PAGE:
A majority of Americans say they want the U.S. Senate to vote on President Barack Obama's nominee for the Supreme Court, and see the Republican interference in the process as politically motivated, according to a new poll.
The latest CBS News/New York Times survey, released Tuesday, found that 53 percent of Americans believe the Senate should vote on whether to confirm Judge Merrick Garland for the Supreme Court. Most of those respondents were Democrats, while two-thirds of Republicans are opposed, and independents are divided.
However, regardless of how they feel about the vote itself, 70 percent of Americans—including a small majority of Republicans—say they believe the GOP is refusing to hold hearings on Garland's nomination because of political reasons, rather than for the good of the country.
As for the public's view of Garland himself, "not surprisingly, few have formed an opinion of Judge Garland, who was nominated less than a week ago and is on the Court of Appeals for the District of Columbia Circuit," the Times writes.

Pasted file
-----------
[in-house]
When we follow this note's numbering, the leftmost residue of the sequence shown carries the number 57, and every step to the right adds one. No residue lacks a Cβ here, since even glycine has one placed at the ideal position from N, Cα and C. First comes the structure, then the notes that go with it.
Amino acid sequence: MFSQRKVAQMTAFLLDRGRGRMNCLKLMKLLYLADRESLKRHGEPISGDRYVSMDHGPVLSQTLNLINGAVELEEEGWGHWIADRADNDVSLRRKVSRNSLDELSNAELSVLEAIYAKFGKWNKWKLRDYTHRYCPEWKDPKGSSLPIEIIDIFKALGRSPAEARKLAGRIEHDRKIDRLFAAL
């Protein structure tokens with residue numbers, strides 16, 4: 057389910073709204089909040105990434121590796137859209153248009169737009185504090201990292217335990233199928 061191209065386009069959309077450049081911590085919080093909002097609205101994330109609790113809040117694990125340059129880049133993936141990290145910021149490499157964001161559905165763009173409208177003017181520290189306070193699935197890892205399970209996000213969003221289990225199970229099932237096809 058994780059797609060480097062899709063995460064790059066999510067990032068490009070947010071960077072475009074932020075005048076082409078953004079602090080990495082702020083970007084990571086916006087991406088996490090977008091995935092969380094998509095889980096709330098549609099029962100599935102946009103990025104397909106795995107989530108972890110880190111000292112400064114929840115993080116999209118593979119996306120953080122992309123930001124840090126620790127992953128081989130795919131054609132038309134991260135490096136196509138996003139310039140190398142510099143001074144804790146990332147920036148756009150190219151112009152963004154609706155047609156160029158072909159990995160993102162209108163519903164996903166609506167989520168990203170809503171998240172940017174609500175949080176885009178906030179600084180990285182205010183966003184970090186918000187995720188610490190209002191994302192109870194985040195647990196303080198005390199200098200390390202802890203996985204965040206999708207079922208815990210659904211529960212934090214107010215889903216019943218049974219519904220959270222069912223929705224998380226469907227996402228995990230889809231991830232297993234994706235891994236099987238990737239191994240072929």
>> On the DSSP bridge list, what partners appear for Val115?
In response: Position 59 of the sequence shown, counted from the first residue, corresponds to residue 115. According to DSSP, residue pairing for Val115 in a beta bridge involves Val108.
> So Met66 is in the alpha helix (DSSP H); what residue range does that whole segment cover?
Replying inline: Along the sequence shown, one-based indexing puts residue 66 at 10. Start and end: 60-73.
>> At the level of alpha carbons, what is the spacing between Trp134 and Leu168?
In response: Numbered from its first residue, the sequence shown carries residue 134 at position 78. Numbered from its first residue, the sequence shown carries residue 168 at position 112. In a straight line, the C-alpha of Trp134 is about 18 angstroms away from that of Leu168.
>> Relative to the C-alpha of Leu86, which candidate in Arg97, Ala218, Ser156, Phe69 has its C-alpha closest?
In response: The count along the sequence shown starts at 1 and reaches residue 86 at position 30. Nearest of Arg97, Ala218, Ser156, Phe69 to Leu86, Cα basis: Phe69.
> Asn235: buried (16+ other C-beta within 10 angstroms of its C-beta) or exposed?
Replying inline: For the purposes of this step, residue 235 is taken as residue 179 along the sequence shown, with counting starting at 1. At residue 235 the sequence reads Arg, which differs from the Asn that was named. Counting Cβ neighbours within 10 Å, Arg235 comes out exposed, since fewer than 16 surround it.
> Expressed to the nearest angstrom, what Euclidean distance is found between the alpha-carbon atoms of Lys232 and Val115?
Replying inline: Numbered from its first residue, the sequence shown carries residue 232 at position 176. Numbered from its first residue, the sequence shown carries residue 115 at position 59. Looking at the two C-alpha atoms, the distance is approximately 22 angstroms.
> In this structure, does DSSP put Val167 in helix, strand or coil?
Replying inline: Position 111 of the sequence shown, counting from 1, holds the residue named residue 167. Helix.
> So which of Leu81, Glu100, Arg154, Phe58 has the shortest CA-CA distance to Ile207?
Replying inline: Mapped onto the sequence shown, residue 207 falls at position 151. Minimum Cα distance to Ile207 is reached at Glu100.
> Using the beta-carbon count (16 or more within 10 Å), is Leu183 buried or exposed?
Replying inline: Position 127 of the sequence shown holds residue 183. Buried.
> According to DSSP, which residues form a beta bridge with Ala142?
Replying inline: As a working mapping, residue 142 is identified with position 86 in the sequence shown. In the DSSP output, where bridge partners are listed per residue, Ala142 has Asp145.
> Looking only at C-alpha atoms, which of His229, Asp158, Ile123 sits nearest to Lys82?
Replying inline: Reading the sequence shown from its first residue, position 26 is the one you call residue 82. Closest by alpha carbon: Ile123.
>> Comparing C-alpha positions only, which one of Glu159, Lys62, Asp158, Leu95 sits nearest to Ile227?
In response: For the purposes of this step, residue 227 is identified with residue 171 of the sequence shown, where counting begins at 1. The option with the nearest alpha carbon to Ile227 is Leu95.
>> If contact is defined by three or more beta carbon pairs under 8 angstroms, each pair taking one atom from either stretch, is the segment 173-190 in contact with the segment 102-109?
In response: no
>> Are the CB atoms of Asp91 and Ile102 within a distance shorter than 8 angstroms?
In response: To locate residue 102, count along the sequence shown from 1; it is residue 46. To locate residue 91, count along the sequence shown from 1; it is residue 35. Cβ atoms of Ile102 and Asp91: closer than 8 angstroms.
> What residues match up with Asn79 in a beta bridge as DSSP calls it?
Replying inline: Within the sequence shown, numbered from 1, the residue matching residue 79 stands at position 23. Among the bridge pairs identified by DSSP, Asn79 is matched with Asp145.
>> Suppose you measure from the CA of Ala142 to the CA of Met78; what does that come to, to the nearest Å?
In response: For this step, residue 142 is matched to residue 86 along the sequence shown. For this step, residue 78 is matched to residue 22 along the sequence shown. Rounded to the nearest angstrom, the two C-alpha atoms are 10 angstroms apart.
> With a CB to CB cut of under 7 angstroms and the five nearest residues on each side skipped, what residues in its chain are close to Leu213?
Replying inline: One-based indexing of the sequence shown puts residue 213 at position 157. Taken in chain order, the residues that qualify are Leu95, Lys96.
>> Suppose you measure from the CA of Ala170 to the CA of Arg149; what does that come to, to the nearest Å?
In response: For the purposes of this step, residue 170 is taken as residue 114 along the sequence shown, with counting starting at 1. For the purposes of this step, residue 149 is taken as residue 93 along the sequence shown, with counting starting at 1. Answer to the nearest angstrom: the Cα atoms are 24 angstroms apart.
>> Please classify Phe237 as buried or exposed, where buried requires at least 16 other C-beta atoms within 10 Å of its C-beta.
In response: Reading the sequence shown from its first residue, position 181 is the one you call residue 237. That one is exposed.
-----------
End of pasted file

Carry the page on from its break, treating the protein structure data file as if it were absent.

The poll comes shortly after protesters throughout the country on Monday held demonstrations calling on senators to "do their jobs" and hold a nomination hearing.
Activist groups including MoveOn.org and CREDO Action organized rallies in states represented by Republican senators. On Twitter, the actions were updated under the hashtag #DoYourJob.
— Senate Democrats (@SenateDems) March 21, 2016
Amy Brundage, an organizer with the nonprofit Constitutional Responsibility Project, told the Washington Post, "These events will make it crystal clear that senators will be held accountable by their constituents if they continue to shirk their constitutional responsibility and ignore the will of the overwhelming majority of the American people."
Murshed Zaheed, head of CREDO Action, said in a statement Monday, "Senate Republicans don't get to subvert the constitution and refuse to do their jobs just because they don't like President Obama."